In the summer of 2020, Mount Wilson Observatory will have encore performances of Jeff Talman’s Cosmic Sounds inside the magnificent 100-inch Telescope dome, combined with viewing through the telescope. Stay tuned for the dates to follow, here and on the homepage.
Join us for an evening of sounds derived from the Cosmic Microwave Background and observe through the telescope that Hubble and Humason used to confirm the expansion of the Universe.
After a brief introduction to the science and art behind it, the piece will play in its entirety as dark falls. Then the sounds will accompany the viewing of celestial objects through the night. Our session directors will inform and guide.
Tickets are $100. We must limit the attendance to 40 guests per night.
All proceeds go to the maintenance and preservation of Mount Wilson Observatory.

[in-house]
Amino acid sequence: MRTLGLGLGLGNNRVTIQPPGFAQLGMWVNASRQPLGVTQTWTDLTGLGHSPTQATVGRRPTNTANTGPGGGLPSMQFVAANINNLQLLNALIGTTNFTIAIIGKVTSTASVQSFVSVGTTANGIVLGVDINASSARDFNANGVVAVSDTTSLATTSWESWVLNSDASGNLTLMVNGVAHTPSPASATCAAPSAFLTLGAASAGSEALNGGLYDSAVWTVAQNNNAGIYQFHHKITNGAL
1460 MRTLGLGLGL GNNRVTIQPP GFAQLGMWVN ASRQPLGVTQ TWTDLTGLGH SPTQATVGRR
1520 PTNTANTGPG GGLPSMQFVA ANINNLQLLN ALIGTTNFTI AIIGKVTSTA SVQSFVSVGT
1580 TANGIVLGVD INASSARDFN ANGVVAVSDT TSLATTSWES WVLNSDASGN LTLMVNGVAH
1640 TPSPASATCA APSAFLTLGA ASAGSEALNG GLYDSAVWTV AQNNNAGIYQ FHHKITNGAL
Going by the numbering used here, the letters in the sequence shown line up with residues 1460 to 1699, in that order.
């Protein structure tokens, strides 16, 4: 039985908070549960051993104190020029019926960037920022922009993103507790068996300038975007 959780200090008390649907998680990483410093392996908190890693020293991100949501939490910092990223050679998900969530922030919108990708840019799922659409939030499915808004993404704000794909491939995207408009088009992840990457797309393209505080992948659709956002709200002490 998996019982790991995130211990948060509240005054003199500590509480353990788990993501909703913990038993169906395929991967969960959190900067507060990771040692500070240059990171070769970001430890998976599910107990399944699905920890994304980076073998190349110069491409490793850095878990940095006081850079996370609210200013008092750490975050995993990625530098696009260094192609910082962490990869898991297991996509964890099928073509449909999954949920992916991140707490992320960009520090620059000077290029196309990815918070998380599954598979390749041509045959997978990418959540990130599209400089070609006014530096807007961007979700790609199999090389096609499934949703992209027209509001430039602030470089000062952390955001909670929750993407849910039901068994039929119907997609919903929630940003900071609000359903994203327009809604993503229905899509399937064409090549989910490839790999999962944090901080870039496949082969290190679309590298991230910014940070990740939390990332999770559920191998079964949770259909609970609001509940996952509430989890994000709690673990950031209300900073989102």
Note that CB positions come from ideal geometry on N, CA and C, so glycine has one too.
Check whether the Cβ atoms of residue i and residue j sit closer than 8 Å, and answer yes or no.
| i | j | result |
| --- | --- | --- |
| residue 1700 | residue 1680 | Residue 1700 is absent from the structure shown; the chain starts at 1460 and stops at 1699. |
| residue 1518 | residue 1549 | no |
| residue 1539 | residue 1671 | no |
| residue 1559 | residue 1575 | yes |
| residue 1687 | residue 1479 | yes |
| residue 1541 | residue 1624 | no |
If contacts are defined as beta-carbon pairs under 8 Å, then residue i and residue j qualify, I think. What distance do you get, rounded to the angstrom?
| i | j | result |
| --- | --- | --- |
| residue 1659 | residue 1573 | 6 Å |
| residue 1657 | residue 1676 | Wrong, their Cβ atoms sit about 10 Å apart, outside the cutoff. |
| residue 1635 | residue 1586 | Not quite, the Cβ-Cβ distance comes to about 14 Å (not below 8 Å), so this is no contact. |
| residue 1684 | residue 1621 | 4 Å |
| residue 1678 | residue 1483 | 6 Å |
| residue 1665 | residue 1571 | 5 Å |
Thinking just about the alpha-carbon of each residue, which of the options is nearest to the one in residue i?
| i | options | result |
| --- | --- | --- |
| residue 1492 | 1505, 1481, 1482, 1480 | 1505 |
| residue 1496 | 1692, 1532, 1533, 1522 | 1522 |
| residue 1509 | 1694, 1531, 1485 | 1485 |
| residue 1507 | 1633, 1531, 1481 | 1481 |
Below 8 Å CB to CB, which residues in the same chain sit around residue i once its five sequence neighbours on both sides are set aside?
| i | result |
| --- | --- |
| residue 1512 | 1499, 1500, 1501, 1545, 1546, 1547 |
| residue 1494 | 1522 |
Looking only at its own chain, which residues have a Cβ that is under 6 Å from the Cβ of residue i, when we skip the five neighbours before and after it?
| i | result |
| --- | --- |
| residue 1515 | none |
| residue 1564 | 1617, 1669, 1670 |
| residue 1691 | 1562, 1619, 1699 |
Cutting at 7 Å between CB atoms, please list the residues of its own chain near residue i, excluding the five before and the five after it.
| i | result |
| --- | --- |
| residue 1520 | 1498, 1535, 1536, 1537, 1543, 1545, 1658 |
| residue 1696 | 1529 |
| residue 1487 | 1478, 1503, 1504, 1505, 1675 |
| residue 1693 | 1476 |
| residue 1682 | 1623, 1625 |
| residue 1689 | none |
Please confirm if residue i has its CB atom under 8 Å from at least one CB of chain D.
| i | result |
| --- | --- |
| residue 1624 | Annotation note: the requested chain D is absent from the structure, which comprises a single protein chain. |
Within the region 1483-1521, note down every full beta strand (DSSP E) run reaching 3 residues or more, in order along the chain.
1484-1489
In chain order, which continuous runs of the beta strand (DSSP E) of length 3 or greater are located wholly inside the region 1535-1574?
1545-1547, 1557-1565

ABOUT THE SOUND
There was sound in the primordial plasma before stars, and that sound was instrumental in shaping the stars into existence. OF SOUND BEFORE THE STARS is a kind of sonic time travel, composed with sound modeled by Mark Whittle, University of Virginia, on acoustic waveform data embedded in the Cosmic Microwave Background, which captures the first waves in the earliest time of the universe that we detect. Glissandos are interwoven, modeled from the red-shift data captured by the 100-inch telescope that proved the expansion of space. Please click here for a review of Cosmic Sounds in the LA Times.
ABOUT THE ARTIST
Sound artist Jeff Talman creates work in he intersections of art and science. He takes acoustic data from both cosmic and terrestrial phenomena transposed into hearing range and composes these into pieces harmonically tuned to the environment in which it will be played. Jeff has made installations in Cathedral Square in Cologne, Galleria Mazzini in Genow, the MIT Media Lab, Mount Wilson Observatory, Rothko Chapel, The Kitchen, St. James Cathedral in Chicago, St. Peter’s Church on Manhattan, and in the Bavarian Forest. In June 2018, two of Jeff’s installations were premiered under the skies of Mount Wilson Observatory for the sesquicentennial celebration of George Ellery Hale’s birth.
Learn more about Jeff’s music at jefftalman.com.